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Category: About writing

Page Proofs

I’ve just sent off the page proofs of Marry In Secret — Rose’s story.
I find page proofs agonizing to do. This is the final step in preparing the manuscript for publication — my final step that is, not the publisher’s. It’s the last time I get to change anything. 

The stages in writing for publication go like this:

1) I send my manuscript to my editor at Berkley.

2) She reads it and makes comments, tells me the bits she likes, points out areas she thinks aren’t clear or that I could strengthen or tighten or expand on — that kind of thing. She doesn’t change my sentences or anything — these are just general comments about the story. It’s called a structural edit — concentrating on how the story unfolds.

3) She sends her comments back to me, and I go through the manuscript again and make any changes I want to, keeping her comments in mind. It’s usually been a few weeks since I read it, so I can see it with a fresh eye. 

4) Then I send it back and she reads it and if she’s happy with it, it will be sent to a copyeditor.

The copyeditor edits on a word and sentence level. She will correct typos and apply house style to things such as hyphenated words and the use of commas. Copyeditors are wonderfully picky — they will spot that the timeline doesn’t quite follow — mine actually prepares a day by day calendar for each story — or spot that someone’s eye color has changed, or a butler had been renamed. Continuity things.

They also spot grammatical errors, and the words that I’ve forgotten to change to American spelling — Australian spelling is the same as English spelling, so my people go travelling not traveling, and move towards the door, when apparently Americans would say toward. A copyeditor also spots when water gurgles nosily down a pipe instead of noisily. She will query expressions like “walking in a crocodile” (the way school children walk in a line, two by two) in case readers might not understand, and “the wee small hours” which could be a tautology. (It is, but it’s also a common expression.)

5) The copyedited manuscript then comes back to me to go through again, so I can approve  or reject those changes and make any other changes I want to. It’s the last time I really get to change anything. As well as the small things the copyeditor has flagged, I might decide to delete a scene, or add one in — I did both this time around.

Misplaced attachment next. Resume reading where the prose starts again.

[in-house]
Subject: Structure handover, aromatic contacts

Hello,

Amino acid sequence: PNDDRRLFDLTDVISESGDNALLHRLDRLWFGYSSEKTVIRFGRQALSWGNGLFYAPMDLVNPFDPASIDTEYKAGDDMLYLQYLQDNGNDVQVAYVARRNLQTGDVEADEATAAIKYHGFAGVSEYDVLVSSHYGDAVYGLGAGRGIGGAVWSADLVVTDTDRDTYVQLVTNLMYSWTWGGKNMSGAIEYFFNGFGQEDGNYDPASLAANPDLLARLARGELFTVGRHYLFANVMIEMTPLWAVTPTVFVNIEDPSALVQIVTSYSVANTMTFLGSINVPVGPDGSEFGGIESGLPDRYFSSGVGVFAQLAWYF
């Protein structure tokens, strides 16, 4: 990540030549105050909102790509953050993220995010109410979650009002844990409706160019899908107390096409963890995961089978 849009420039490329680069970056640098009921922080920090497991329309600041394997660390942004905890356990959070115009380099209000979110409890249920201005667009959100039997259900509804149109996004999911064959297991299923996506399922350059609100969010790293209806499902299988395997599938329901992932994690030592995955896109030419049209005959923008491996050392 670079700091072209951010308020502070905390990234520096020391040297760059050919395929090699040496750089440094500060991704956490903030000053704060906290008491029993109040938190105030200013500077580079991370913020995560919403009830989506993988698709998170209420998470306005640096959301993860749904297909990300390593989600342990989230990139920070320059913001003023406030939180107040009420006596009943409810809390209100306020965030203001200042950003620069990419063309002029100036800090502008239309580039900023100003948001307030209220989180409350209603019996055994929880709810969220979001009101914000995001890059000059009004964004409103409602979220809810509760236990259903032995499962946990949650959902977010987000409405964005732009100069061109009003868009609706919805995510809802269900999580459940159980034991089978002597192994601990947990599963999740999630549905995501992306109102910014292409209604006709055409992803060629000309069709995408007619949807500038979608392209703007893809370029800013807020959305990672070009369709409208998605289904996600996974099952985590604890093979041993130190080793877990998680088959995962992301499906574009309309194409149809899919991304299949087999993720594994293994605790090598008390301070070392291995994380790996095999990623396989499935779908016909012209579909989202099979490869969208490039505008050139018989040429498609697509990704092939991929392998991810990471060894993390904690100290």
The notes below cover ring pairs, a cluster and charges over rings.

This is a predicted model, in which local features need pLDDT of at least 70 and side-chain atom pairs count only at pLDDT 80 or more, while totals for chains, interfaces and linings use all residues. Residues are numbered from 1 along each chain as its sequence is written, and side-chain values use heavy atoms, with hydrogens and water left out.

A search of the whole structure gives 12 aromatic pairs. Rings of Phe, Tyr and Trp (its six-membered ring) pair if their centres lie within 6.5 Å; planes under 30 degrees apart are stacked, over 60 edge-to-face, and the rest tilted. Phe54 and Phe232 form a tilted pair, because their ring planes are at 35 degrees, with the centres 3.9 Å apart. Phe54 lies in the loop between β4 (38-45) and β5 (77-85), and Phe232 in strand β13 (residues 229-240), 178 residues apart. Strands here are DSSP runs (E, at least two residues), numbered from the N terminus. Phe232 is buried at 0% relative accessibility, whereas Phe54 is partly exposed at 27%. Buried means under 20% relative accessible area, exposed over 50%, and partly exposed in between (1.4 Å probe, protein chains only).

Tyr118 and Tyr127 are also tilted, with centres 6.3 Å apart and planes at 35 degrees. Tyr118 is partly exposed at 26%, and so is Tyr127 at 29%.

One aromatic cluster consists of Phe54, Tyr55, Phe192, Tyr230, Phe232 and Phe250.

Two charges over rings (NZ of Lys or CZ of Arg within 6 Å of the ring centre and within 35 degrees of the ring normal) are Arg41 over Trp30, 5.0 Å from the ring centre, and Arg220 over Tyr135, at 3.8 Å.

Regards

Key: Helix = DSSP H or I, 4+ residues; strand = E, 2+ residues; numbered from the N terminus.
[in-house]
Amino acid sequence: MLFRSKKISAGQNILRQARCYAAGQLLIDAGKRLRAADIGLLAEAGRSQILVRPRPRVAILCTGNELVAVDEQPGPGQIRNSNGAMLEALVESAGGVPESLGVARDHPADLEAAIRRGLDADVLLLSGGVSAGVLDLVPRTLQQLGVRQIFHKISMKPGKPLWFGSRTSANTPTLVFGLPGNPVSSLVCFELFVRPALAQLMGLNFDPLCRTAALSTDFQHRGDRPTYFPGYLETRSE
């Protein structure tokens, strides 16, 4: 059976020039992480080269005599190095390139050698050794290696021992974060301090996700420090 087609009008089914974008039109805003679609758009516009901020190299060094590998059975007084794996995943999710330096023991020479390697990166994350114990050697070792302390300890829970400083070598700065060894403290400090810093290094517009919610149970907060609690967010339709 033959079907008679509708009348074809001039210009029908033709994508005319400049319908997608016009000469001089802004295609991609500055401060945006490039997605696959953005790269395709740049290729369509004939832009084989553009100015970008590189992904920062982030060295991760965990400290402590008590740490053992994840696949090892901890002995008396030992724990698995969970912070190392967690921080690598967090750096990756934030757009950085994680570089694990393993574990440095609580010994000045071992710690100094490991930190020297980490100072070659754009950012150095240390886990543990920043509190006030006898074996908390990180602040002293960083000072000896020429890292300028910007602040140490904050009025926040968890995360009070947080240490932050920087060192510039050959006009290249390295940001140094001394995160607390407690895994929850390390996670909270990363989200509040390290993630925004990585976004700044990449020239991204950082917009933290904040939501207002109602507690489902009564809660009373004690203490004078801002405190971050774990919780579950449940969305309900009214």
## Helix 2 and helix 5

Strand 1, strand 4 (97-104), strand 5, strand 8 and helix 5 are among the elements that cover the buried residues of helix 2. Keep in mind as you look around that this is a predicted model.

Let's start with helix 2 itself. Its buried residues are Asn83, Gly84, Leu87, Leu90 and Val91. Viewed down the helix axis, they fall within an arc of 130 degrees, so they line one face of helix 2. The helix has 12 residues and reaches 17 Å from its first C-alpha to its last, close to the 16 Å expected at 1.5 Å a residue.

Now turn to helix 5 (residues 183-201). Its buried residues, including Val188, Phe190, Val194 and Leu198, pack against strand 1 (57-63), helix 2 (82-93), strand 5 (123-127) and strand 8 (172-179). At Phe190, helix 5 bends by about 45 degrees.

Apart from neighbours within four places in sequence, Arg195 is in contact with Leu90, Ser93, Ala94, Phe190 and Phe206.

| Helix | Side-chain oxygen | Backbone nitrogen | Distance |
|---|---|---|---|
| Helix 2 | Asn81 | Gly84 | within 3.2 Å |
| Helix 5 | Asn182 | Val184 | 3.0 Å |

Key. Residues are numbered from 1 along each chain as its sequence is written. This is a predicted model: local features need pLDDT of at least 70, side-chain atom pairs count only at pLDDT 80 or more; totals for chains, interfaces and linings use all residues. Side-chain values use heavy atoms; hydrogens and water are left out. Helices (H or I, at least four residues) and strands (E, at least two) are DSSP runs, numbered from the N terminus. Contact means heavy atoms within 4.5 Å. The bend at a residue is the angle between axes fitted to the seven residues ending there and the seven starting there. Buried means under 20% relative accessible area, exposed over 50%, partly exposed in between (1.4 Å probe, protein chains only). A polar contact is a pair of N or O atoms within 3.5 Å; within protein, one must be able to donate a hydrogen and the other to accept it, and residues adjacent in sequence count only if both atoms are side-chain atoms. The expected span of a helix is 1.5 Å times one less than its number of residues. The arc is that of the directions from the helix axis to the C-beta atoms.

6) Then it’s back to the main editor for a final read through, and then it goes to be laid out exactly as it will appear in the final book. 

7) This then comes back to me in a pdf for a final final read through to spot any mistakes. I find this stage in the process excruciating. By now I’ve read the story I don’t know how many times and I’m usually sick of it. But I have to read it, not for story, or expression or characterization, but for tiny little mistakes, a comma in the wrong place, or a typo that everyone has missed — really nit-picky stuff.  Because if I miss something, it’s certain that a reader will pounce on it. This time I found 7 small mistakes — to instead of so, that kind of thing. I might have missed some but by now I’m practically cross-eyed.  The next time I see this book will be as a real book, published, bound, and when it’s too late to change anything.

8) I send back my changes — I list them in a document, but I also print off the pages affected, mark the changes clearly with a pen and take a photograph of each page and email that to my editor. That’s how it’s done these days — all electronic.

So now Rose and her story has gone. I always feel a bit sick when the final final version has gone. There’s nothing I can do now except hope people will like the story. And get cracking on the next story — George’s story.

 

A little Christmas snippet

Do you love Christmas stories? I do, and I’ve been lucky enough to be asked to write a few as well.  As you might know, I blog regularly (about every fortnight- that’s every two weeks for those not familiar with the term) with the Word Wenches. In the lead-up to Christmas, we’re doing Sunday posts containing an excerpt from our stories in the Last Chance Christmas Ball — one each Sunday.

The anthology was such a fun—and tricky— thing to do. We wenches had written a Christmas anthology before based loosely around a theme, but for this one we decided all the stories would be linked, and based around an annual Christmas ball, held by Lady Holly.